Here’s a feature you might never use: the one on your task list that lets you mark a task as high, medium, or low priority.
The thing is, when you identify a task as being “high priority,” it usually means that it’s urgent and must be done today. Or soon. Low priority tends to mean “not now,” “not urgent.” Allowing your task list to control your choices is one of the things that prevents progress on your big, long-term goals.
Rather than rating your tasks, assign a priority to your goals. Is creating a new product or service one of your top goals? Then make working on it your first task. Is revising your website key for your business this year? Take the steps. Is reaching a new level of profitability your aim? Then execute every day on your marketing strategies.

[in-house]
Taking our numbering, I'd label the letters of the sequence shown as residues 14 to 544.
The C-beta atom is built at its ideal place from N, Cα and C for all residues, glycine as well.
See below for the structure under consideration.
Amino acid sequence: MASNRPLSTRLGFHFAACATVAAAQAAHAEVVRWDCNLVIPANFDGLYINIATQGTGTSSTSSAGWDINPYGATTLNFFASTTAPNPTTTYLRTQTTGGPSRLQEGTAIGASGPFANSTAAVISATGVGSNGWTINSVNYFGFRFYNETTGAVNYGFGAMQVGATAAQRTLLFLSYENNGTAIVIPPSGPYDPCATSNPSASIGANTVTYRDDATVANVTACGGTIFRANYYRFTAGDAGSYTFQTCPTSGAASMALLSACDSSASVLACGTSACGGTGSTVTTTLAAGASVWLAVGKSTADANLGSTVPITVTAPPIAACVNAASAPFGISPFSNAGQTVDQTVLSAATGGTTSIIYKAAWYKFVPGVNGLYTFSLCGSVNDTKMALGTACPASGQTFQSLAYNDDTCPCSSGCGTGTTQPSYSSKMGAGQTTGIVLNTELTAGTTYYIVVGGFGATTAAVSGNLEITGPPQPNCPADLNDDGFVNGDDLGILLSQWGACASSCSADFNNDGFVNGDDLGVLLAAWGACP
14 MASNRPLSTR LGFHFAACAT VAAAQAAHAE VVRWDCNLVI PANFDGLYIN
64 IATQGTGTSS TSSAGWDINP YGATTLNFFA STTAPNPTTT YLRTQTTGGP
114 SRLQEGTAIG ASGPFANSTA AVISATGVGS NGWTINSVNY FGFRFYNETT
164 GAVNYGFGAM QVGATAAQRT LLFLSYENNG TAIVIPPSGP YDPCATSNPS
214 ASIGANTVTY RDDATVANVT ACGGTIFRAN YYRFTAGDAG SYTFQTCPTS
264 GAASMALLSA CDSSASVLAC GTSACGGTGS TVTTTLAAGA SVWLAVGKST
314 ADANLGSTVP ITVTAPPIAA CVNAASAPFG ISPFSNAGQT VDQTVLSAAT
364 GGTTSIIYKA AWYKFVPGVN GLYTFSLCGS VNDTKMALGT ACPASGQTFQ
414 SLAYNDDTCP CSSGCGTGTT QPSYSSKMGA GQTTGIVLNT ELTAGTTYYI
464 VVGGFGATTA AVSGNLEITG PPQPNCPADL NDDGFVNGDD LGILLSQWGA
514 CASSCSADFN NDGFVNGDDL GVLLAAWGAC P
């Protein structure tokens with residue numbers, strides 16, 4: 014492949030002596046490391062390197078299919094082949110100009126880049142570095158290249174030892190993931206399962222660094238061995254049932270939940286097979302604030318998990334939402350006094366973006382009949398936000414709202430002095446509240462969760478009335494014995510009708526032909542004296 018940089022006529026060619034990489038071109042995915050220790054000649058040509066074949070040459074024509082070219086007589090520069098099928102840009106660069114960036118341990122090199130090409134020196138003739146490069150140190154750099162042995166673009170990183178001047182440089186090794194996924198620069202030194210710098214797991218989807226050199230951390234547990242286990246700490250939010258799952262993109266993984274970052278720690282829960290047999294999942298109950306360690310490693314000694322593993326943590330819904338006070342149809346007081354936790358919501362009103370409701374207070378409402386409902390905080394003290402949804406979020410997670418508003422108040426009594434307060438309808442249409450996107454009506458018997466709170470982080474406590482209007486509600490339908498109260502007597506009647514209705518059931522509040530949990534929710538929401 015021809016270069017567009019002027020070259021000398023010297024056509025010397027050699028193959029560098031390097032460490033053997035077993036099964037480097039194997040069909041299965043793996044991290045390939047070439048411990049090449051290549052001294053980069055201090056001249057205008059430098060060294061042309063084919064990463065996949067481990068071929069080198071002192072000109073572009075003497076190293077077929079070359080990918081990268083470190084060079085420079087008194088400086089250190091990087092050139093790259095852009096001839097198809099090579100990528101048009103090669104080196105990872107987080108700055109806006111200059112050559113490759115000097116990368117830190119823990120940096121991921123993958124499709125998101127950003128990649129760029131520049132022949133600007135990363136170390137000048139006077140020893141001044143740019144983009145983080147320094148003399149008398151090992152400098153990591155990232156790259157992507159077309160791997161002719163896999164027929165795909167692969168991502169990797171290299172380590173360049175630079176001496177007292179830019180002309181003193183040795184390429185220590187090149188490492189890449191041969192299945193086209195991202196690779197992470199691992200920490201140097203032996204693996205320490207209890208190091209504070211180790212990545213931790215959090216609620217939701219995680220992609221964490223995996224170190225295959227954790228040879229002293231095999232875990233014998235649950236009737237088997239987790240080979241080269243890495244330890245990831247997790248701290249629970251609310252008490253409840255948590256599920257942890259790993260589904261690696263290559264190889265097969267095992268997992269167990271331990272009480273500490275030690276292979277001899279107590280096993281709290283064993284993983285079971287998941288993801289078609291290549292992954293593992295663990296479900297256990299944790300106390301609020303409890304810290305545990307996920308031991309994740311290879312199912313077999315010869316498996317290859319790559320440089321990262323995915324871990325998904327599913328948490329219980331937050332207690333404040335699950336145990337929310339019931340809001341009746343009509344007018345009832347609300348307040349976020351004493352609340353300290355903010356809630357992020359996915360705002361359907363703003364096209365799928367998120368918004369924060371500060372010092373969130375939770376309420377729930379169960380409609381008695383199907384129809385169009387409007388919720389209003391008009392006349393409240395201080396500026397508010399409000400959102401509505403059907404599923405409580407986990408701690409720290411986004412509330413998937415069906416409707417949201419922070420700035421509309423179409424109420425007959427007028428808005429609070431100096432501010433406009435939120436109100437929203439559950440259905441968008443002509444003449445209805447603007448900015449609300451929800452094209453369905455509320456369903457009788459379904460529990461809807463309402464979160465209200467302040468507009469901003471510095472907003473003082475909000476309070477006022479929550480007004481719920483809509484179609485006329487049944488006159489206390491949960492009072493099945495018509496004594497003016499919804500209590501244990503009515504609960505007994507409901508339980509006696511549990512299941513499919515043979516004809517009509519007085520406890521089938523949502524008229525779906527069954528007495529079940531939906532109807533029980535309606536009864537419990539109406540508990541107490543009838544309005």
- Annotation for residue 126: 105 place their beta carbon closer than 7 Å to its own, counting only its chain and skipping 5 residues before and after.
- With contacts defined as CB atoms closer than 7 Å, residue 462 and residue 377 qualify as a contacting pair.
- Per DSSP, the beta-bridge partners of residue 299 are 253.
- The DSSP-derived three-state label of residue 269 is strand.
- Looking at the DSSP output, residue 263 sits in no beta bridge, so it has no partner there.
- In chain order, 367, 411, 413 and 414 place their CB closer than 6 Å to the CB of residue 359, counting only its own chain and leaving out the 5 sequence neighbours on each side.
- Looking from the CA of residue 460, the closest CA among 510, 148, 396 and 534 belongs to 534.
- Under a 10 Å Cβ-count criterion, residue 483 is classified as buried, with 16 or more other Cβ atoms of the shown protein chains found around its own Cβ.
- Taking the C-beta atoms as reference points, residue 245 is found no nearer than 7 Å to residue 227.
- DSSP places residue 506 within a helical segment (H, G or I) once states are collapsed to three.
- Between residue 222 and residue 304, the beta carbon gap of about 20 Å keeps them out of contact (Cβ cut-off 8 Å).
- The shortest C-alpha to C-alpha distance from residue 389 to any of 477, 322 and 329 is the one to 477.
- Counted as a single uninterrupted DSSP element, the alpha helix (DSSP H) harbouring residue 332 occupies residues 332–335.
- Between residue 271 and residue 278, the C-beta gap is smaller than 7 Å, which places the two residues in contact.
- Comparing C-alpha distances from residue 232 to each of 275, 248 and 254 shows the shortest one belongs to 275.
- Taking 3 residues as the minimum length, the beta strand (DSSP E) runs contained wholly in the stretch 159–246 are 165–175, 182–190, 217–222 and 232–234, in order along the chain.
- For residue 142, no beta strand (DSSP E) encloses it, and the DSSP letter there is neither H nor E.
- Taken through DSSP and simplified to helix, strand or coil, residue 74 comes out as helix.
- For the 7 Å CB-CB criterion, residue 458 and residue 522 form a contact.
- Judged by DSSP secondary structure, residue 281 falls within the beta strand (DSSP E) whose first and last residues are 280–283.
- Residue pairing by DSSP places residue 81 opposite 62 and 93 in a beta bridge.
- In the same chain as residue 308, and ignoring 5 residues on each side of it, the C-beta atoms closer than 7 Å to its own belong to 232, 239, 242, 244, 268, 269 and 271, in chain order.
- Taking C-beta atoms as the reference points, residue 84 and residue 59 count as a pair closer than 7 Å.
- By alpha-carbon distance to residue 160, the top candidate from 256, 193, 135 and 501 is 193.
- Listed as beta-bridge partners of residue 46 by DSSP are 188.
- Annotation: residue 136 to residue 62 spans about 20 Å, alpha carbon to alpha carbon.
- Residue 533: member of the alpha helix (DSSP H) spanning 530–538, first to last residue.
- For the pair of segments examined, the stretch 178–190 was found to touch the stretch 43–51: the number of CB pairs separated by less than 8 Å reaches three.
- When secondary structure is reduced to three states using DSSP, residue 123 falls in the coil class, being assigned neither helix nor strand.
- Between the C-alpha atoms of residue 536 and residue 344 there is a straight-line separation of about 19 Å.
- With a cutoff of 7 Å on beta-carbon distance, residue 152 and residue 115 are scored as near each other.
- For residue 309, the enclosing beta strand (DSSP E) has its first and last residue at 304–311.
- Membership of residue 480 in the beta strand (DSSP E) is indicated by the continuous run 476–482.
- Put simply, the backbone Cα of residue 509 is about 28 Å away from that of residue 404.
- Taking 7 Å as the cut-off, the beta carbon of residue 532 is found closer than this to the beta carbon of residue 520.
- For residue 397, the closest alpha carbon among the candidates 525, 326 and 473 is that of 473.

Sure, you have to pay bills on time and perform all kinds of maintenance. But don’t let those urgent tasks shove aside your top-priority goals.
Write your goals. Then do the tasks that support those goals.